The level of scrutiny with which we inspect an image circle depends on the pixel pitch of the camera used – an especially relevant factor when yanking ancient lenses into the present – from their point of view, the future. Or from the viewpoint of photographers reading this later – the past. The material point, immaterial of time, is that larger-format lenses can afford to be relatively resolution-lazy compared to, for instance, Micro Four Thirds lenses. Concentrated coverage naturally tends to yield higher resolution, and vice versa.

The camera used to conduct these tests (it hardly matters that it’s a Panasonic S1R) has a pixel pitch of 4.3 microns – which means it’s more discriminating than the Fuji GFX 50 and Pentax 645Z (5.3 microns), but not as demanding as the Fuji GFX 100 (3.8 microns). Any future camera with a 4.3 micron pixel pitch – how quaint those fat pixels will soon seem! – will find the results equally relevant.

The image circle of any 645 lens is a minimum of 70mm. Historically, for the purpose of testing 35mm lenses, we’ve divided the image circle of all lenses into Zone A (0-8mm radius), Zone B (8-16mm radius), Zone C (16-25mm radius) and Zone D (25-35mm radius). Like the designer of the MTF chart we assume that a properly-centred lens has identical performance at a given distance from the centre of the image circle. For more on the faux-pas of ‘corner’ and ‘edge’ performance, please see here.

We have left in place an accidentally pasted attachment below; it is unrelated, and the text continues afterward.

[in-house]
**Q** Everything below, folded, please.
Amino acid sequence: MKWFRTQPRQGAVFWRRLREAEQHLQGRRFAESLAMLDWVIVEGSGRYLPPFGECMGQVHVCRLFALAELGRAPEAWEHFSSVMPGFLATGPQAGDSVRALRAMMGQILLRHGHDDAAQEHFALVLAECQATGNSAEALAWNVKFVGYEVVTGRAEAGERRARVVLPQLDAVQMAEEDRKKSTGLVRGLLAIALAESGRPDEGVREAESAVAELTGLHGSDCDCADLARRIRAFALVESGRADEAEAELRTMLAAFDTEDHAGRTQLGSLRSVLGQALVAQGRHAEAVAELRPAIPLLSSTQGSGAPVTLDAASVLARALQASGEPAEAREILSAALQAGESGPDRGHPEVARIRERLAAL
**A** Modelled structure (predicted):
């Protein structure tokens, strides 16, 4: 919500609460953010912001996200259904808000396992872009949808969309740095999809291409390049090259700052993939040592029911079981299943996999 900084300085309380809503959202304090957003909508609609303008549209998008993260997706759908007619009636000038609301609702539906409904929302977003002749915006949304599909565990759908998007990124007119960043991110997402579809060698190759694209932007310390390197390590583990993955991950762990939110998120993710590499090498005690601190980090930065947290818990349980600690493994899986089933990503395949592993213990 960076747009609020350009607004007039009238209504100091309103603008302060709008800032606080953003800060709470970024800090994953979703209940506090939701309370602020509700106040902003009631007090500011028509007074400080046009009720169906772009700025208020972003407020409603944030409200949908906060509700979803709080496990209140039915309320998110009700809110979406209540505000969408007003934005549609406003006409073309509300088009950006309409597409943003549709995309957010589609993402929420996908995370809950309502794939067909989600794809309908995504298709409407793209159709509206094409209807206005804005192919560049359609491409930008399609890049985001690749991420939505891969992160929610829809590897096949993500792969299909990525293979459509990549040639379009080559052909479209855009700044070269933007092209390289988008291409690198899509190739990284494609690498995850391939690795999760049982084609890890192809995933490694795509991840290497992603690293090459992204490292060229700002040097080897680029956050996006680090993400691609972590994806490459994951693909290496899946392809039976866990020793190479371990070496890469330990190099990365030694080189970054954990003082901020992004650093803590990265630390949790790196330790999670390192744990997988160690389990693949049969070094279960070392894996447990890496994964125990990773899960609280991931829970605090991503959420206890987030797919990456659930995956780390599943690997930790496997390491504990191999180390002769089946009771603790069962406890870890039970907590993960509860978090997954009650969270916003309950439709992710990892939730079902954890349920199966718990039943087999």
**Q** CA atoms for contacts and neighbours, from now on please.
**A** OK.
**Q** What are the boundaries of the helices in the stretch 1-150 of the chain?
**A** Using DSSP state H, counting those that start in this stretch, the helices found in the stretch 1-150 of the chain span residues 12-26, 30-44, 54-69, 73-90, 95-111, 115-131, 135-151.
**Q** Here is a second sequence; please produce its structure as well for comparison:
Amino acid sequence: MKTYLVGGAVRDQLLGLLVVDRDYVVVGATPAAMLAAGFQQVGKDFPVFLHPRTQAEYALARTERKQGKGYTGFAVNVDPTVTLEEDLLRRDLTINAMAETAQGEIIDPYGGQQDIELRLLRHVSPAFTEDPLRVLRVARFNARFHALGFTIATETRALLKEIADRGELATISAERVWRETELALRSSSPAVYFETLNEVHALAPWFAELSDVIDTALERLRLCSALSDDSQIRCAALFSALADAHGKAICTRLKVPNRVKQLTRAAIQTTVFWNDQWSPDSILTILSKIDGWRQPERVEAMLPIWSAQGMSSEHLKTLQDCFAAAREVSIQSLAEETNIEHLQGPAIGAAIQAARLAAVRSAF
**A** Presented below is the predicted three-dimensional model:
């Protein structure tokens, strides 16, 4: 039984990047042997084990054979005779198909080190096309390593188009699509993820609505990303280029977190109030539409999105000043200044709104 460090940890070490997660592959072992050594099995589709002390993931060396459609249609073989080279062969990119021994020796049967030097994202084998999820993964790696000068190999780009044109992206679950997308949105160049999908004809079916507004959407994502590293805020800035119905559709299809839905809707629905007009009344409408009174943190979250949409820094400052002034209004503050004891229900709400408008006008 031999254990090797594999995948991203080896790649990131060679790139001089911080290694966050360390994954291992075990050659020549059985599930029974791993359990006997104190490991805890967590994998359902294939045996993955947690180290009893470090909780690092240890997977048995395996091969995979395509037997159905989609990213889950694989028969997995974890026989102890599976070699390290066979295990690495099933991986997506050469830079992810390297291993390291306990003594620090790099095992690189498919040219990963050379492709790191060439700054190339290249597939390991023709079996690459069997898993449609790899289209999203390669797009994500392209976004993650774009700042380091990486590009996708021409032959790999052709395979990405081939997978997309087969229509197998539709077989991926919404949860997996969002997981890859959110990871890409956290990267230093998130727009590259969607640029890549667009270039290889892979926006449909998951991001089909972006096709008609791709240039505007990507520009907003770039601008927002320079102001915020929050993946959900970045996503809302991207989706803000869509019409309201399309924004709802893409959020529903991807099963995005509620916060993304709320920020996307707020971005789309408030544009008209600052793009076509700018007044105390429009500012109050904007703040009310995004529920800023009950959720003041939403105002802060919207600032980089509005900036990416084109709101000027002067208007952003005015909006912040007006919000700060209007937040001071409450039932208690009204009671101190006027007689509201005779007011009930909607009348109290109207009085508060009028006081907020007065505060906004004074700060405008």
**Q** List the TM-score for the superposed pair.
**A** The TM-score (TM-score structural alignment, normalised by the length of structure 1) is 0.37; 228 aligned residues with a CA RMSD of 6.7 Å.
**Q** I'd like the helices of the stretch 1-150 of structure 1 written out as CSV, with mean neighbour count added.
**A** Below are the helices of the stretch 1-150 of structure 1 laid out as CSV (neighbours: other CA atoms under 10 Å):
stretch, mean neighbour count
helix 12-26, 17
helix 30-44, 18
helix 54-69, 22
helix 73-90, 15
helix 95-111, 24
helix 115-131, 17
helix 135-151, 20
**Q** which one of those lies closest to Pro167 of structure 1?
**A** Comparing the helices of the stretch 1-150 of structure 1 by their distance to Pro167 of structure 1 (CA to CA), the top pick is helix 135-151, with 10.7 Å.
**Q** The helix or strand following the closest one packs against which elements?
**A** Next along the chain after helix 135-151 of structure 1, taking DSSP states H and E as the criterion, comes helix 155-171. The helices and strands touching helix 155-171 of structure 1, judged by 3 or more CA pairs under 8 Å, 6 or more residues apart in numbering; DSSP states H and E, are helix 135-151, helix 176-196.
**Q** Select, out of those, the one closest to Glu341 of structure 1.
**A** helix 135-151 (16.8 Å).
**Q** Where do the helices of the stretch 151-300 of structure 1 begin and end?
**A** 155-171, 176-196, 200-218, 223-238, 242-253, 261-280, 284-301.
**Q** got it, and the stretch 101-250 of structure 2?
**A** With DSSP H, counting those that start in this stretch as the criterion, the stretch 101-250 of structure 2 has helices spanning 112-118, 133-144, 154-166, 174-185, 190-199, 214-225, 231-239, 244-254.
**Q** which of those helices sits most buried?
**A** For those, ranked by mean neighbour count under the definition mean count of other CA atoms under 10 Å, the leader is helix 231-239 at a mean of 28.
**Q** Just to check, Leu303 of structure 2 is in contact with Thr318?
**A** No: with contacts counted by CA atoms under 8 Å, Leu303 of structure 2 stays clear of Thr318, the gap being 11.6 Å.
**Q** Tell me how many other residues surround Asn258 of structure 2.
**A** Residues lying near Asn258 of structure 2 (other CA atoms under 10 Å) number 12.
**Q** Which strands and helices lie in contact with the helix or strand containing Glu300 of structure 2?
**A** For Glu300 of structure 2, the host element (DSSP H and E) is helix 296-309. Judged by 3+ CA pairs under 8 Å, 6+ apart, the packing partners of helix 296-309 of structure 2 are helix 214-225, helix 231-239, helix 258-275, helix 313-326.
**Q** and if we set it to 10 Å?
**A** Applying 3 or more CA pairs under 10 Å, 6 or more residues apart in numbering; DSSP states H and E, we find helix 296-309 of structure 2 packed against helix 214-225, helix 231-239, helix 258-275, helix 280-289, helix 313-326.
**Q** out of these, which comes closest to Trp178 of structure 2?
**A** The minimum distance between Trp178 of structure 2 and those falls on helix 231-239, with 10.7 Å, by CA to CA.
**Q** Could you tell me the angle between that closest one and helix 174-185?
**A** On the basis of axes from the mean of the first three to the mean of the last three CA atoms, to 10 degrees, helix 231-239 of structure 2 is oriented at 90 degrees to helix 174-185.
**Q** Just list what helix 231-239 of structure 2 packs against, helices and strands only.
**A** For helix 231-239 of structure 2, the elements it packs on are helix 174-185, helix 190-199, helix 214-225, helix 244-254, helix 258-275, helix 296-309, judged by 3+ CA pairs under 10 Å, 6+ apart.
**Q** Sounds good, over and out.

Just as Zone C is largely beyond the corners of an APS-C frame, so Zone D is off-limits to a 35mm sensor – until we shift it. The 15mm movement of a shift adaptor allows us to reach the outer limit of Zone D. In other words, lens performance in the corner of a shifted 35mm capture (allowing for differing incidence angles) is exactly the same as 645 film – slightly outside the corner of a Phase One XT ‘full-frame’ medium format sensor – and it’s exactly the same as a 9mm-shifted lens on GFX. The corner of a 35mm sensor lies in Zone C. Not far away, at the cusp of Zone D, lie the corners of GFX. But beyond that lie the badlands of Zone D – the outer reaches of which are dominated by free-roaming aberrations running wild.

We will now compare real-world sharpness (a combination of resolution and microcontrast) and hunt those aberrations (spherical, LoCa, fringing and geometric), while inspecting flare behaviour and bokeh properties with the image circle shifted, unshifted and tilted.


Lenses are assessed by many metrics with varying degrees of rigour by people with differing intentions and priorities deploying differing methods and equipment at different times using different samples at different distances. The agenda of this review is explained above.

It’s been said that an imperfect test renders results meaningless, but that’s not entirely true: poor methodology still generates data. It only obscures excellence: it can make a good lens look bad, but it can’t improve a bad one, except by temporary comparison. The achievement of excellence in a test cannot be faked. The existence of many shabby tests is therefore just as good as one perfect one. High-level performers rise to the top. 

This will be another test.